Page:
India Uncut

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Sunday, June 19, 2005

The new nawabs

Whether or not Mansur Ali Khan Pataudi, nicknamed "Tiger" long before it seemed ironic, will be adjudged guilty of poaching is up to the courts, writes the Telegraph. But, they point out:
[T]here is one charge that the former nawab cannot avoid being levelled against him. For more than a fortnight, he deliberately refused to cooperate with the police in investigating an illegal act. He was asked to appear before the police and he failed to turn up. The former prince became a common absconder from the law. This charge is in no way as important as the shooting of a black buck but it is suggestive of a mindset. It suggests that Pataudi believes that even though he is a citizen of the republic of India, he is above the law of the land. This attitude harks back to the time when Indian princes, big and small, ruled their principalities according to their whims and fancies; and most of them — and let this be said candidly — squandered the resources of their estates and lived debauched lives. They made little or no contribution to national life. The attitude displayed by Pataudi and his ilk is completely out of tune with the foundations of the Indian republic.
Actually, the attitude isn't in contrast with "the foundations of the Indian republic," but is enhanced by it. The Indian republic was founded on a paternalistic foundation where the state is mai-baap to the citizen, and the massive amount of discretion this gave to instruments of the state – the police, tax officials, municipal officials, the whole damn bureaucracy – made the continuation of the nawabocracy inevitable. They gave rise to a new group of elites, who got their power from that usurped by the state from the people.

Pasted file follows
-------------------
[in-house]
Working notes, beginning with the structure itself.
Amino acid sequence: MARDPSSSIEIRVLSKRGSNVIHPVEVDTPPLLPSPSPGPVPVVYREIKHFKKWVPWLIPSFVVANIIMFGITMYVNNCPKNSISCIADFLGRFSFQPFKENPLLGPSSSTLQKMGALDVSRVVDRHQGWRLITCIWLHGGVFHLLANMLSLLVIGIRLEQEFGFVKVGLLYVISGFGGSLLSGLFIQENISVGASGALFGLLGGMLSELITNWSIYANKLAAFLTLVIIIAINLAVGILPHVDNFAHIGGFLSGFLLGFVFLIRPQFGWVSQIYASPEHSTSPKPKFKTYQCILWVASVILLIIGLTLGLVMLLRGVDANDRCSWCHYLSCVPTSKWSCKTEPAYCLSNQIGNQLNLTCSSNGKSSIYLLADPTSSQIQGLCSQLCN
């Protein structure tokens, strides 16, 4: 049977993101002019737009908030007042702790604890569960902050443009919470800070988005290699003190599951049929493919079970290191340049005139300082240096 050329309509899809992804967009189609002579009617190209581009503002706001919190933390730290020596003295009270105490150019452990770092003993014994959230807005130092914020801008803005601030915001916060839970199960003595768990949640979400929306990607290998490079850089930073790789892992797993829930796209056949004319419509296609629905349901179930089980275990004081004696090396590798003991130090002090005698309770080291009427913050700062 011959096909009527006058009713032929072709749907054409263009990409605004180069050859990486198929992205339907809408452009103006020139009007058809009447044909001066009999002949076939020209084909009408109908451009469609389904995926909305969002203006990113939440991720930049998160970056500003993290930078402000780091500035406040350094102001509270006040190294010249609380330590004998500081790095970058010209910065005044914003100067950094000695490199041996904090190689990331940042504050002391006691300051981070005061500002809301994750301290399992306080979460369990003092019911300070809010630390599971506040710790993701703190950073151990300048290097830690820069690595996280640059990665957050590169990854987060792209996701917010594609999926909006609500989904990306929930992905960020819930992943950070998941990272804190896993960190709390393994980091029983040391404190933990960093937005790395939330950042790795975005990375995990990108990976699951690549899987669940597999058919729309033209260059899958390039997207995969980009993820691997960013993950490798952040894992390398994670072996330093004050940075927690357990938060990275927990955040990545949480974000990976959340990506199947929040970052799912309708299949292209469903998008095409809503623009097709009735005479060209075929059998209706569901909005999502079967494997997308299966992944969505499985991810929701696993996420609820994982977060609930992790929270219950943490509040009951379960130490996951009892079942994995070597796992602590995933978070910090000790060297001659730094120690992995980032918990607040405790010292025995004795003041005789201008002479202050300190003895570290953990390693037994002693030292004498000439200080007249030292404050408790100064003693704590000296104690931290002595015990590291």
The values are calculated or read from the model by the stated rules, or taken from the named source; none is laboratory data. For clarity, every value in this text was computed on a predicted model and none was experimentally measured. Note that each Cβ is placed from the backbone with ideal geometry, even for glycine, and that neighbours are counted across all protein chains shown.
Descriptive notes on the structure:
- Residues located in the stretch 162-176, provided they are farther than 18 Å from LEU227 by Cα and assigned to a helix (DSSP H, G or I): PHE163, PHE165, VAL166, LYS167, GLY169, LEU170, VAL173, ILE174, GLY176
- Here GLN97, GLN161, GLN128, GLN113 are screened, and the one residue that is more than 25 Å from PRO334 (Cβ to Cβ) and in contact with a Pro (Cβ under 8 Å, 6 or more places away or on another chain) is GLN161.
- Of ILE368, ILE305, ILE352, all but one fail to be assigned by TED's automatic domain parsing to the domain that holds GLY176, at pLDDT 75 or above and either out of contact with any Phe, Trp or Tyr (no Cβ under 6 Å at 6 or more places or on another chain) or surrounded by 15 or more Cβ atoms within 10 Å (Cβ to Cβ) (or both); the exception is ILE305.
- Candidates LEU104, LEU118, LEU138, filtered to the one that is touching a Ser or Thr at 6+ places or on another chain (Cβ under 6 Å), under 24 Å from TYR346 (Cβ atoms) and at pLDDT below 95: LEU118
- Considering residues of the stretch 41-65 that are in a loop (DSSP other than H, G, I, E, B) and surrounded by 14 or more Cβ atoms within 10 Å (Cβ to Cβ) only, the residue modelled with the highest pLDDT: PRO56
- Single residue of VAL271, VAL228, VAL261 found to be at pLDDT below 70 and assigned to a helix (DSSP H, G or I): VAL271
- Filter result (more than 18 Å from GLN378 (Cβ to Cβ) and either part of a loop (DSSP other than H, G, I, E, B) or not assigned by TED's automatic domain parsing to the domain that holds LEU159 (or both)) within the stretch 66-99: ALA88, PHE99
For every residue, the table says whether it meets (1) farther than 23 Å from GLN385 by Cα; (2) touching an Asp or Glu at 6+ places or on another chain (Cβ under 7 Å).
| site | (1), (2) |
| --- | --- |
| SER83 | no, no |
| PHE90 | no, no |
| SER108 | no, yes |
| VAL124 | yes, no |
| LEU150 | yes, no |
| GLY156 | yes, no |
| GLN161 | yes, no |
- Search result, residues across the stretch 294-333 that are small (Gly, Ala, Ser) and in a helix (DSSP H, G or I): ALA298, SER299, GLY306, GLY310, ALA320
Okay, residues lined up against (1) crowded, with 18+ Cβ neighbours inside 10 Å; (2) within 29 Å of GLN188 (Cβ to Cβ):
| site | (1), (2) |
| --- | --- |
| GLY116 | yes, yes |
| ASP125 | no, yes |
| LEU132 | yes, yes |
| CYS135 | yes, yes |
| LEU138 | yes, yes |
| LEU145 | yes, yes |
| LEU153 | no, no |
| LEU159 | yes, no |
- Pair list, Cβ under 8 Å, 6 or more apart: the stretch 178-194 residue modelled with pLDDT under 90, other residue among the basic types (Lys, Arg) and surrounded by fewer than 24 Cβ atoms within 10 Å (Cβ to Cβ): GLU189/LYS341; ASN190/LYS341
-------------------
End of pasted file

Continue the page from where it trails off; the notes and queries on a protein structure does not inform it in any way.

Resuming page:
When I was in college, I knew hordes of people who wanted to give the IAS (Indian Administrative Services) exam only to enjoy that power, which would put them above the law, which would make them the law. And that still continues. Influence is everything in modern India, who you are and who you know, and money plays a part in it as well. As for Pataudi, he just got unlucky, a member of the former elite failing to enjoy the privileges of the current one. Had a minister, a DCP or a chief secretary been out hunting with Pataudi, he wouldn't have had to abscond from the police, as if they were doing him an injustice. He'd be watching Parineeta instead, marvelling at his son's performance but wishing, perhaps, that he'd been a world-class cricketer instead.
amit varma, 12:26 PM| write to me | permalink | homepage

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